Politics & Policy

Just Say ‘No’?

Obama's choice.

The falling curtain on this year’s primary season was supposed to have left Barack Obama with the stage to himself. That did not happen. Obama had to contend with both John McCain, who he will face in the fall election, and with Hillary Clinton, who refuses to go away. Within moments of Obama’s sealing his party’s nomination, the speculation is still about the Clintons.

Will she fold her tent or will she not? Will she use her late-season victories as leverage to force Obama to take her? Can he accept her as his running mate without forfeiting his claim to be the candidate of change? And — the question that has been hovering over Obama for months — how would he contend with Bill as vice-presidential consort?

Obama tried to be nice. He credited Hillary for “making history.” He proclaimed himself a worthy heir, not just to Roosevelt, Truman, and Kennedy, but also to the last self-proclaimed “change agent” offering hope, the Bill Clinton of 1992.

The Clintons will not make it easy for Obama. They are intent on either forcing him to take Hillary or seeing many of her supporters defect to McCain, who worked hard to enhance their comfort level with the Republican candidate of change. Obama’s choice will not be easy.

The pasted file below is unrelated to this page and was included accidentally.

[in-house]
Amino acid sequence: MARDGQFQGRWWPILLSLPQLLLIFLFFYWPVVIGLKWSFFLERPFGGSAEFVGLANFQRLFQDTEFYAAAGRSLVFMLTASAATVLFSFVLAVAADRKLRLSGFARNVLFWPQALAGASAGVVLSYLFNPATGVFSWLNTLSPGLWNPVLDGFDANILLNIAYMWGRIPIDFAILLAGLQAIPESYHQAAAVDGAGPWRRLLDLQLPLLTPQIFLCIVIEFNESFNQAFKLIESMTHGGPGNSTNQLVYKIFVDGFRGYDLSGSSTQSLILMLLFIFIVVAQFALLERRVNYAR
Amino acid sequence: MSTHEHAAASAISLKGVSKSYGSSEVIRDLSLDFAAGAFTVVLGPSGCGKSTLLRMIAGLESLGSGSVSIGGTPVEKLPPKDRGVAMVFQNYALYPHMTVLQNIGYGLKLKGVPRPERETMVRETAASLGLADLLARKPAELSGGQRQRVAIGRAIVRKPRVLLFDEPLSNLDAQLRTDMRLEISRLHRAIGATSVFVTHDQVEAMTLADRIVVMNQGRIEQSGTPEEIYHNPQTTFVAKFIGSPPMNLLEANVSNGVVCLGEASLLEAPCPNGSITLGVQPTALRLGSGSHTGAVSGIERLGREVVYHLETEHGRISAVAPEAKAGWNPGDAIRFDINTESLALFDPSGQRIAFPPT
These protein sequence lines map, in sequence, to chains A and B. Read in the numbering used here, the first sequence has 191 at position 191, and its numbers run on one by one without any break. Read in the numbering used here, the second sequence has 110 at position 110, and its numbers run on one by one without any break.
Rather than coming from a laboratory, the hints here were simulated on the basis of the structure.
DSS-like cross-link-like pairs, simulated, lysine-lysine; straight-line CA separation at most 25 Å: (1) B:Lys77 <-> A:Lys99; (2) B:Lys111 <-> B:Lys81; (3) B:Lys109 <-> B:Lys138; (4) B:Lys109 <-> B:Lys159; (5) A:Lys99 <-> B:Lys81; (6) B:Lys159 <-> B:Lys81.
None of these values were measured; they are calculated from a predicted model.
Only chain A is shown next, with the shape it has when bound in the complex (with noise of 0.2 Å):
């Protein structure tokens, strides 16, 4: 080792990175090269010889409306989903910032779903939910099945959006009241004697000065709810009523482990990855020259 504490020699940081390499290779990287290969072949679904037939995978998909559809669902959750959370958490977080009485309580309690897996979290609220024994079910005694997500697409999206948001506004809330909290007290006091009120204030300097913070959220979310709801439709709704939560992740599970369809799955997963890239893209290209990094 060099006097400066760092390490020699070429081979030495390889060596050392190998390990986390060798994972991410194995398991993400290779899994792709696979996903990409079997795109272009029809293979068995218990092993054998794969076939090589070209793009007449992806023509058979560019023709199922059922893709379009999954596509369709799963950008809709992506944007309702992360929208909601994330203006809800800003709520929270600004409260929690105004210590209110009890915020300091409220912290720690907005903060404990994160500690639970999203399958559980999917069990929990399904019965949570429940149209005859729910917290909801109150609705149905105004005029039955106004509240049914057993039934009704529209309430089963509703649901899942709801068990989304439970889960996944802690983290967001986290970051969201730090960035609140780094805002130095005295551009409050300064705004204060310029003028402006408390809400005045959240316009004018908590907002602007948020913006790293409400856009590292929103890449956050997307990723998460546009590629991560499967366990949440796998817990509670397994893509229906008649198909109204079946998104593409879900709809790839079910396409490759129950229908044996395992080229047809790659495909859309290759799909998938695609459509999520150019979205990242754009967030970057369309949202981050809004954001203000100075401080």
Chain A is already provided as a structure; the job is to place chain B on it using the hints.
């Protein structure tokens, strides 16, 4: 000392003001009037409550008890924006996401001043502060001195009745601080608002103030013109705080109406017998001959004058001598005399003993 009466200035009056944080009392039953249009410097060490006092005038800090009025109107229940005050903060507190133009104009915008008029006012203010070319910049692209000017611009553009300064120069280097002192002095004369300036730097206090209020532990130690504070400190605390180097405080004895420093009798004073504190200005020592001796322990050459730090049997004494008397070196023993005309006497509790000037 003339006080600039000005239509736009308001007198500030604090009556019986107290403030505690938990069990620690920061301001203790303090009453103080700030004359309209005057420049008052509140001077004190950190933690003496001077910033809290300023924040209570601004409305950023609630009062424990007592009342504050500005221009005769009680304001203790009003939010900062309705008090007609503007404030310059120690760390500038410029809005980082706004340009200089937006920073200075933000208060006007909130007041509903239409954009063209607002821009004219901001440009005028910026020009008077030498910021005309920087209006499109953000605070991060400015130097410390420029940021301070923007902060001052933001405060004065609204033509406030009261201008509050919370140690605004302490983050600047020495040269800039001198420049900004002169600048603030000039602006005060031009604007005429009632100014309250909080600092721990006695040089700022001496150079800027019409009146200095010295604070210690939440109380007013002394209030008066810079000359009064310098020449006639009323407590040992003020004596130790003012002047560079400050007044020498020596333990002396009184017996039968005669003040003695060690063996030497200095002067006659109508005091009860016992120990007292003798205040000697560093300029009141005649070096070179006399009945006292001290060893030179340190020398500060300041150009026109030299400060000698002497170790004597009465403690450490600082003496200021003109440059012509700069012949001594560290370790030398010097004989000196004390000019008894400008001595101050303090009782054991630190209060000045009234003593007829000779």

He can accept Hillary as his running mate, creating the impression that he is weak. This will cause new speculation that he surrendered major many chunks of his presidency before he even won the election.

Alternatively, Obama can spurn Hilary and work hard to charm her supporters into voting for him. That will entail taking as his running mate a Hillary backer with appeal to working-class voters, such as Pennsylvania governor Ed Rendell. Just as Reagan cut off negotiations with those trying to foist former President Gerald Ford upon him in 1980, Obama may just say “no.”

– Alvin S. Felzenberg is author of The Leaders We Deserved and a Few We Didn’t: Rethinking the Presidential Rating Game.

Alvin S. Felzenberg — Mr. Felzenberg is the author of A Man and His Presidents: The Political Odyssey of William F. Buckley Jr. and The Leaders We Deserved: Rethinking the Presidential Rating Game.


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